For readers and viewers of stories, being able to discern the message behind the content–the “how” and “why” instead of just the “what”–is essential to understanding both the purpose and quality of the work. But consider this principle as creative writers, too. Including mature content or serious themes in your work is not wrong, but there’s definitely a right and a wrong way to do it. What messages will you take into your mind by what you read, watch, and listen to? And what messages will you send out to the world by what you write?

 

Fiction as Theology Part 3: Communicating Your Message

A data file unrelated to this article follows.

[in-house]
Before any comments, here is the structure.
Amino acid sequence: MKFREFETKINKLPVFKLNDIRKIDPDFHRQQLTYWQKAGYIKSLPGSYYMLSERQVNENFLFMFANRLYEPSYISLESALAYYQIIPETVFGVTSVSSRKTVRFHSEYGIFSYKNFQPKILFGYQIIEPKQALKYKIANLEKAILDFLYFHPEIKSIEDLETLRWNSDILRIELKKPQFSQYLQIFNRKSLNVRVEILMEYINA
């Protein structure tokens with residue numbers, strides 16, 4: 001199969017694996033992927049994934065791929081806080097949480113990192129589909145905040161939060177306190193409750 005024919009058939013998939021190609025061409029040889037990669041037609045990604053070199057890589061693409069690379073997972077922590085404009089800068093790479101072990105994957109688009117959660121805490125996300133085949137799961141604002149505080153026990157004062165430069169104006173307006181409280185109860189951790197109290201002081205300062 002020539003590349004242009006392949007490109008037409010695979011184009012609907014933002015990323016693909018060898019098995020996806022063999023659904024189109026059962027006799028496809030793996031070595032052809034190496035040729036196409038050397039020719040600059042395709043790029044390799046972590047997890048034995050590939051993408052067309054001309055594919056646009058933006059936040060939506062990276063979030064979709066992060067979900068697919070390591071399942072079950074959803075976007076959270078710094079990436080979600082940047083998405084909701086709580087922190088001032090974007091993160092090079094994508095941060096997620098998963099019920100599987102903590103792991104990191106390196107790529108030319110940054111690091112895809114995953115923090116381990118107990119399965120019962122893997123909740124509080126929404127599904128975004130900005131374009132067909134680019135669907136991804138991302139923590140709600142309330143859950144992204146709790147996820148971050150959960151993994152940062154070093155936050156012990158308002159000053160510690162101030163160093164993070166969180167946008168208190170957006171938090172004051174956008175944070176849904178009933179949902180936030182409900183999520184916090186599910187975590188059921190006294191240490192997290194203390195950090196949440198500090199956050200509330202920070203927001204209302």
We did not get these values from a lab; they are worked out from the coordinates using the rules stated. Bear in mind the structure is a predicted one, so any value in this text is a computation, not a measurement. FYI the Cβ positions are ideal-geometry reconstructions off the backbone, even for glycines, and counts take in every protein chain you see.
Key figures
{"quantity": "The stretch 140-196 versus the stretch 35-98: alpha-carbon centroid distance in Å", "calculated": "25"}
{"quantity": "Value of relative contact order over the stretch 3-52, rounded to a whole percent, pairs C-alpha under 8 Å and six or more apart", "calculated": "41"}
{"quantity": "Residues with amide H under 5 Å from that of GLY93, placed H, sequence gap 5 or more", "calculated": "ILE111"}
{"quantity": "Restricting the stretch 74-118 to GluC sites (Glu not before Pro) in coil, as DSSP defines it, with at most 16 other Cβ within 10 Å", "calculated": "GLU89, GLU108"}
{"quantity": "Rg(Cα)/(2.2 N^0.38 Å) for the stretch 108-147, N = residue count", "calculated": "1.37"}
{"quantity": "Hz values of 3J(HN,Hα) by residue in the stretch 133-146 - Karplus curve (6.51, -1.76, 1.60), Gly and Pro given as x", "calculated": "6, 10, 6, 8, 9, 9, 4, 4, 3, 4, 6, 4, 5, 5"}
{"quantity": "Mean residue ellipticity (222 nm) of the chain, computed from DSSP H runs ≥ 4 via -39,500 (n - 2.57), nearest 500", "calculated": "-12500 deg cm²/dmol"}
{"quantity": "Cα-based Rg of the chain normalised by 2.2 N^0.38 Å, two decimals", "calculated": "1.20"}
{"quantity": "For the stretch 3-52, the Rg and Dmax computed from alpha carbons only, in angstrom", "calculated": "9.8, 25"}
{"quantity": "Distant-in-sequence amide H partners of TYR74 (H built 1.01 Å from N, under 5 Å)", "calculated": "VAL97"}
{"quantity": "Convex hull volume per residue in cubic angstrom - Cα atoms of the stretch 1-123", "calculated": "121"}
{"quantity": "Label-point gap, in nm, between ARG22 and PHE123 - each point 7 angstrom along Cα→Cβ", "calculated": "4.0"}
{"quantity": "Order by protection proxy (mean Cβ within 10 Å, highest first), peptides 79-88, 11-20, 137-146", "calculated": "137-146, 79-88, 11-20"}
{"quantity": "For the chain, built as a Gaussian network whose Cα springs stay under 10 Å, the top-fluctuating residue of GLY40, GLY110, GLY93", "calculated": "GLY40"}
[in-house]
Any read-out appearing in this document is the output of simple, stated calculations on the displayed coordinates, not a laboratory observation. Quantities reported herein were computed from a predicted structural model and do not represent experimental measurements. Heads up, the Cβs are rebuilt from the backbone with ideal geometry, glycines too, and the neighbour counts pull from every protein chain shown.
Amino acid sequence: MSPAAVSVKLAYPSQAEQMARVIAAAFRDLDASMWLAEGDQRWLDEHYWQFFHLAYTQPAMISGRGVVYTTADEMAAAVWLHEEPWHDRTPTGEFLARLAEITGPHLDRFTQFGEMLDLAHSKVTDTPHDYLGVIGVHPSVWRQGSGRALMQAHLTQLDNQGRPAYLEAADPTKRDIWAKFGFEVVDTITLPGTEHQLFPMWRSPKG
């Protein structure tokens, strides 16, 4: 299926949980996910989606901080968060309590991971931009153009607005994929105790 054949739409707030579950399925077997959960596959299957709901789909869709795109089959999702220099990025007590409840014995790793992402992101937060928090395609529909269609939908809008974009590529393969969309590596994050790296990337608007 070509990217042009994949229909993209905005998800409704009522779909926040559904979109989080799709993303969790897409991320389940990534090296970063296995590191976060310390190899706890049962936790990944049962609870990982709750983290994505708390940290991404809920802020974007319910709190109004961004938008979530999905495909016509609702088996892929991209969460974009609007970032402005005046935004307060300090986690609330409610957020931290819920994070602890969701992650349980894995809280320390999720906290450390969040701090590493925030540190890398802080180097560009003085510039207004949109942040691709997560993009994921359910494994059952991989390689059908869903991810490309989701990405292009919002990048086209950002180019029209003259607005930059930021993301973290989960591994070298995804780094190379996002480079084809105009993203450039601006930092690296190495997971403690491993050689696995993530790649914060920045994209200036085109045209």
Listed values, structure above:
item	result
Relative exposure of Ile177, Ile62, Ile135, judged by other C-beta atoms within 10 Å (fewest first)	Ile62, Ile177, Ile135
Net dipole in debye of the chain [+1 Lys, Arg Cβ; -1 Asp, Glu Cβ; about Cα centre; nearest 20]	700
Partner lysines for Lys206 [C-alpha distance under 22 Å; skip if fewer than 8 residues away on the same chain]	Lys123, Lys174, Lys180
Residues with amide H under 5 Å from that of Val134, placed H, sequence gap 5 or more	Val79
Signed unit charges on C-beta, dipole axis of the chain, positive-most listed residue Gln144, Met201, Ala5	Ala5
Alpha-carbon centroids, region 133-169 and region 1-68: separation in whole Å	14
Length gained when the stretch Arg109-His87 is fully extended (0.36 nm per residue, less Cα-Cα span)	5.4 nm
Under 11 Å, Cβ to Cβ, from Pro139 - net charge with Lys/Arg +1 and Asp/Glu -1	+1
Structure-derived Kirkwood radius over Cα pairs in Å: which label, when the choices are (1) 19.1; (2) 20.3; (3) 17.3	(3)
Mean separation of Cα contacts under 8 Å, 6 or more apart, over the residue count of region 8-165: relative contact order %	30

51E0ZN6GHKL._SX288_BO1,204,203,200_Glenn Cook isn’t much of a fan of organized religion. Did you know that? I honestly can’t say that for certain. I don’t know him personally. However, that is the very, very strong feeling that I get from his novels. He seems to have it in for priests, religious fanatics, etc. Similarly, Steven Erikson dislikes (though perhaps despises is too strong a word) the idea of salvation by grace or by the sacrifice of another. Man must redeem himself because man is the only one who can redeem himself. Again, I can’t say this from personal knowledge, but the theme that man must redeem himself is certainly very strong in Erikson’s Malazan Book of the Fallen series. Similarly, Lars Walker believes that even truly evil men can be redeemed (Year of the Warrior) while C. S. Lewis believes that good guys can make mistakes and be redeemed, but truly even people cannot be redeemed but must be destroyed (The Lion, The Witch, and The Wardrobe; Prince Caspian; Voyage of the Dawntreader; The Last Battle; etc).  You might be surprised how much of your conscious and unconscious beliefs come through in your fiction. It’s possible to simply allow your ideas to be spread, unfiltered, through the stories that you write, and to some degree this probably happens with all of us. However, it’s also possible to be intentional about the messages that come through in the stories you tell. In his Poetics Aristotle argued that everything we write should have two goals: 1) to entertain, and 2) to educate. A work of non-fiction that isn’t entertaining is unlikely to do much to inspire the reader and stick in his mind, but a work of fiction that is trite and superficial has little, if anything, in the way of actual value–in fact it may even inspire vice (…Charlaine Harris, I’m looking at you…).